Isavuconazole – cost-effectiveness acceptability curve from the probabilistic sensitivity analysis. QALY, quality-adjusted life-year; WTP Threshold, threshold of willingness to pay cost per QALY

Fig. 3
Fig. 3

Deterministic sensitivity analysis of resultsa. aAll variables were tested with an upper and lower bound value of + 25 and − 25%, respectively, except for mortality – delayed therapy with + 20 and − 30%, mortality untreated with + 4 and − 30%, and quality of life with + 20 and − 20%, with upper and lower bound values, respectively. IA, invasive aspergillosis; ICER, incremental cost-effectiveness ratio; IV, intravenous; SEK, Swedish krona

Table 5

Scenario sensitivity analyses

Parameter

Evaluated parameter

ΔCosts (SEK)

ΔEffects (QALYs)

ICER (costs per QALY gained)

Mucormycosis prevalence

14%

59,191

0.72

81,464

Pathogen identification percentage

0%

64,793

0.34

189,966

100%

39,588

0.26

154,784

Second-line treatment drug costs

−50%

53,701

0.3

179,950

+ 50%

50,681

0.3

169,830

Percentage receiving second-line treatment

0%

42,361

0.3

141,952

Percentage requiring therapeutic drug monitoring

50% for isavuconazole and 75% for voriconazole/posaconazole

51,661

0.3

173,115

Percentage starting with IV formulation

100%

56,818

0.3

190,397

Life expectancy

−50%

52,191

0.17

310,924

+ 50%

52,191

0.40

130,484

Δ, difference, ICER incremental cost-effectiveness ratio, IV intravenous, QALY quality-adjusted life year, SEK Swedish krona

Discussion

This model was developed to assess the cost-effectiveness of isavuconazole from a Swedish healthcare payer perspective for the treatment of possible IA in adult patients when, at the point of treatment initiation, a differential diagnosis between IA and mucormycosis had not been achieved. Isavuconazole was found to be cost effective at a WTP threshold of 1000,000 SEK and had an ICER of 174,890 SEK per additional QALY gained. Data for between 2005 and 2011 for TLV decisions on the inclusion of drugs in the pharmaceutical benefits scheme show that the lowest cost per QALY declined was 700,000 SEK while the highest accepted was 1,220,000 SEK [35]. This compares favourably also to oncology drugs that have been assessed positively by the Swedish council for novel therapeutics with ICERs per QALY up to 1,080,000 SEK (with pertuzumab being the exemption, having an ICER at 2,600,000 SEK) [36].

The higher QALYs in the isavuconazole arm than in the voriconazole arm of the study were mainly attributable to the lack of effect of voriconazole for the treatment of mucormycosis. Isavuconazole is active against both Aspergillus and Mucorales, and may be advantageous compared with voriconazole in patients with possible IA in whom mucormycosis has not been ruled out. Patients receiving voriconazole in this model had, on average, increased mortality, as a proportion either received ineffective treatment, or experienced a delay in receiving effective treatment before pathogen information became available, which is reflective of real world situations. In a study of 230 cases of mucormycosis in Europe, 48% of patients were receiving antifungal drugs, including voriconazole and caspofungin, prior to diagnosis being confirmed [37]. Similarly, in a multicentre cohort study of patients with mucormycosis after haematopoietic stem cell transplantation, 29 cases were identified, of which 23 were receiving antifungal treatment at diagnosis, of which half were receiving voriconazole. Differential diagnosis between the two pathogens is important, as untreated mucormycosis has a mortality rate approaching 100% [13] and a delay in treatment of up to 6 days has been demonstrated to result in a near doubling of the rate of mortality (83% vs 43%) [10]. However, the absence of a differential diagnosis between IA and mucormycosis can be a challenge in real-world practice where treatments have to be administered before diagnosis, unless the initial treatment has efficacy against both IA and Mucorales. In fact, the selection of approximately 6% as the percentage of patients who actually had mucormycosis in the current study, which was based on hospital diagnosis data (International Classification of Diseases-10 [ICD-10]) from France [3], may have been overly conservative, because the prevalence of mucormycosis among patients with invasive mould infections has been reported to be as high as 14% in a Swedish cohort of patients [9] or 9% in a study of 6807 patients with IFD in North American health centres [38]. Surveillance studies from transplant centres in the US have reported prevalence data for mucormycosis relative to all patients with IA or mucormycosis of between around 9% [39] and 16% [40]. On the other hand, prevalence may vary considerably by region and by study, as relative prevalence estimates from Italian studies have ranged from around 4% [41] to 10% [42]. The model is robust for a wide range of mucormycosis prevalence (4 to 14%, tested from the deterministic sensitivity analysis [DSA] and Scenario analyses).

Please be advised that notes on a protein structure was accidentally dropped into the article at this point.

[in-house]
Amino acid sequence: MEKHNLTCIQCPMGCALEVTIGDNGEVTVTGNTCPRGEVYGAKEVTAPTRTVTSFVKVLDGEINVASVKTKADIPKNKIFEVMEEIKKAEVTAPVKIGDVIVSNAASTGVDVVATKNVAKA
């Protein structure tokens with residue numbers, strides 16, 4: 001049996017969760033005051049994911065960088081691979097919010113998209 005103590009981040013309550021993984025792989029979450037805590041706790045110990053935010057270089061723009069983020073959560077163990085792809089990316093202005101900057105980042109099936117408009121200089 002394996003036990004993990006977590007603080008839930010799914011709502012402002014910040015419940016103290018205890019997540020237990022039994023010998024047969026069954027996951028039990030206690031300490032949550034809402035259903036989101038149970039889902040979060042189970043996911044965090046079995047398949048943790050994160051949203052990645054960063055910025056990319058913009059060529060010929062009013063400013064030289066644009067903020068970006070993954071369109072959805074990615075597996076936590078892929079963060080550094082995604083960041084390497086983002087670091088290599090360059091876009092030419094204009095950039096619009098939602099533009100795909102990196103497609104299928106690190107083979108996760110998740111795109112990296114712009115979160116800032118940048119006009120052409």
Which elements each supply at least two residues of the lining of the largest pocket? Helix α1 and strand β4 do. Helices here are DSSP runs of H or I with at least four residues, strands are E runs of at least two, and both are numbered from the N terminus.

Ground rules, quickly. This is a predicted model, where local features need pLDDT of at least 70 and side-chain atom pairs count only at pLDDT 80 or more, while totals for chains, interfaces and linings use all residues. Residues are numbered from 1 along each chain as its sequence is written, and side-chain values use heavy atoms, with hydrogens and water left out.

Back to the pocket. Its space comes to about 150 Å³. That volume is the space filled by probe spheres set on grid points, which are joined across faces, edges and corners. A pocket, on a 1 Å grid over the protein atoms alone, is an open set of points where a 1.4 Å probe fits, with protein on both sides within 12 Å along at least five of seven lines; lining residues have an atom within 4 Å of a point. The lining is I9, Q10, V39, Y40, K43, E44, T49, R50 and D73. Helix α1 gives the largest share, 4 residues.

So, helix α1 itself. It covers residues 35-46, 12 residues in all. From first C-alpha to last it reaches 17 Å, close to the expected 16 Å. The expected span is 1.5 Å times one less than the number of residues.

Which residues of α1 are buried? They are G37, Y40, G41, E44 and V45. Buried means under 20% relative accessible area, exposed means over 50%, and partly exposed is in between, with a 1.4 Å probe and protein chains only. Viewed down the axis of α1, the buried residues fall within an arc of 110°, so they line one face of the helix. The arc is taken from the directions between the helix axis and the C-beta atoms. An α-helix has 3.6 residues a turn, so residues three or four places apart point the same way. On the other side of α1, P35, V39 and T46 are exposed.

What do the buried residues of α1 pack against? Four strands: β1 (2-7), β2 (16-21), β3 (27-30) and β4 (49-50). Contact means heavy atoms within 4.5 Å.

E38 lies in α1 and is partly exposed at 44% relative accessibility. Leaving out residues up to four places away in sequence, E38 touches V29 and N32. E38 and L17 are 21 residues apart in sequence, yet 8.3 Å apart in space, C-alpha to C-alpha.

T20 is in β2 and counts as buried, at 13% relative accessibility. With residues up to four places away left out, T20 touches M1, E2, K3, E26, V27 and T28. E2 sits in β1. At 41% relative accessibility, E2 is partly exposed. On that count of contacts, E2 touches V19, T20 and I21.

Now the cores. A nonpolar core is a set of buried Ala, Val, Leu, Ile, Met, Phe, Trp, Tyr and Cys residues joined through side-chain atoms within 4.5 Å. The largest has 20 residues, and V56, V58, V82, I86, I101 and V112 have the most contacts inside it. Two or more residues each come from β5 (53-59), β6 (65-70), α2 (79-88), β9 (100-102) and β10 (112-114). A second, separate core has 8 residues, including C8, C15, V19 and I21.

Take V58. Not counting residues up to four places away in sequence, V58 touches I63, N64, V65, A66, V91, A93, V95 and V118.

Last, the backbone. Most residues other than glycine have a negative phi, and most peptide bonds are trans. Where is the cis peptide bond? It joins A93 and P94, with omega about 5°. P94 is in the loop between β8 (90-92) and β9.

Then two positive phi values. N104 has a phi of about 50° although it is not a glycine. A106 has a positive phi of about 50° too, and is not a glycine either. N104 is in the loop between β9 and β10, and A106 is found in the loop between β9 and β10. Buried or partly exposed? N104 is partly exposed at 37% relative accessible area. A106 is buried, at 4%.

In clinical practice, differential diagnosis is difficult to make and often patients can be infected with multiple pathogens; in a retrospective observational study of invasive mould disease in a single centre in Sweden, multiple mould pathogens were observed in 13% of disease [9]. In the SECURE study, only 53% of patients had pathogen information available (proven and probable cases) and only 13% of patients had proven invasive mould disease [11]; in a German study of 170 patients evaluating the European Organisation for Research and Treatment of Cancer and the National Institute of Allergy and Infectious Diseases Mycology Study Group (EORTC/MSG) criteria for IFD, only 14% of patients had pathogen information available (proven and probable cases) and only 3% had proven IFD.

Cost-minimization studies comparing isavuconazole with L-AmB followed by posaconazole for the treatment of invasive aspergillosis and mucormycosis have shown estimated treatment costs to be at least 20% lower with isavuconazole in a United Kingdom (UK) healthcare setting [21, 43]. Similarly, in the treatment of mucormycosis, cost savings relative to L-AmB have been demonstrated for isavuconazole in German and Italian healthcare settings [44, 45].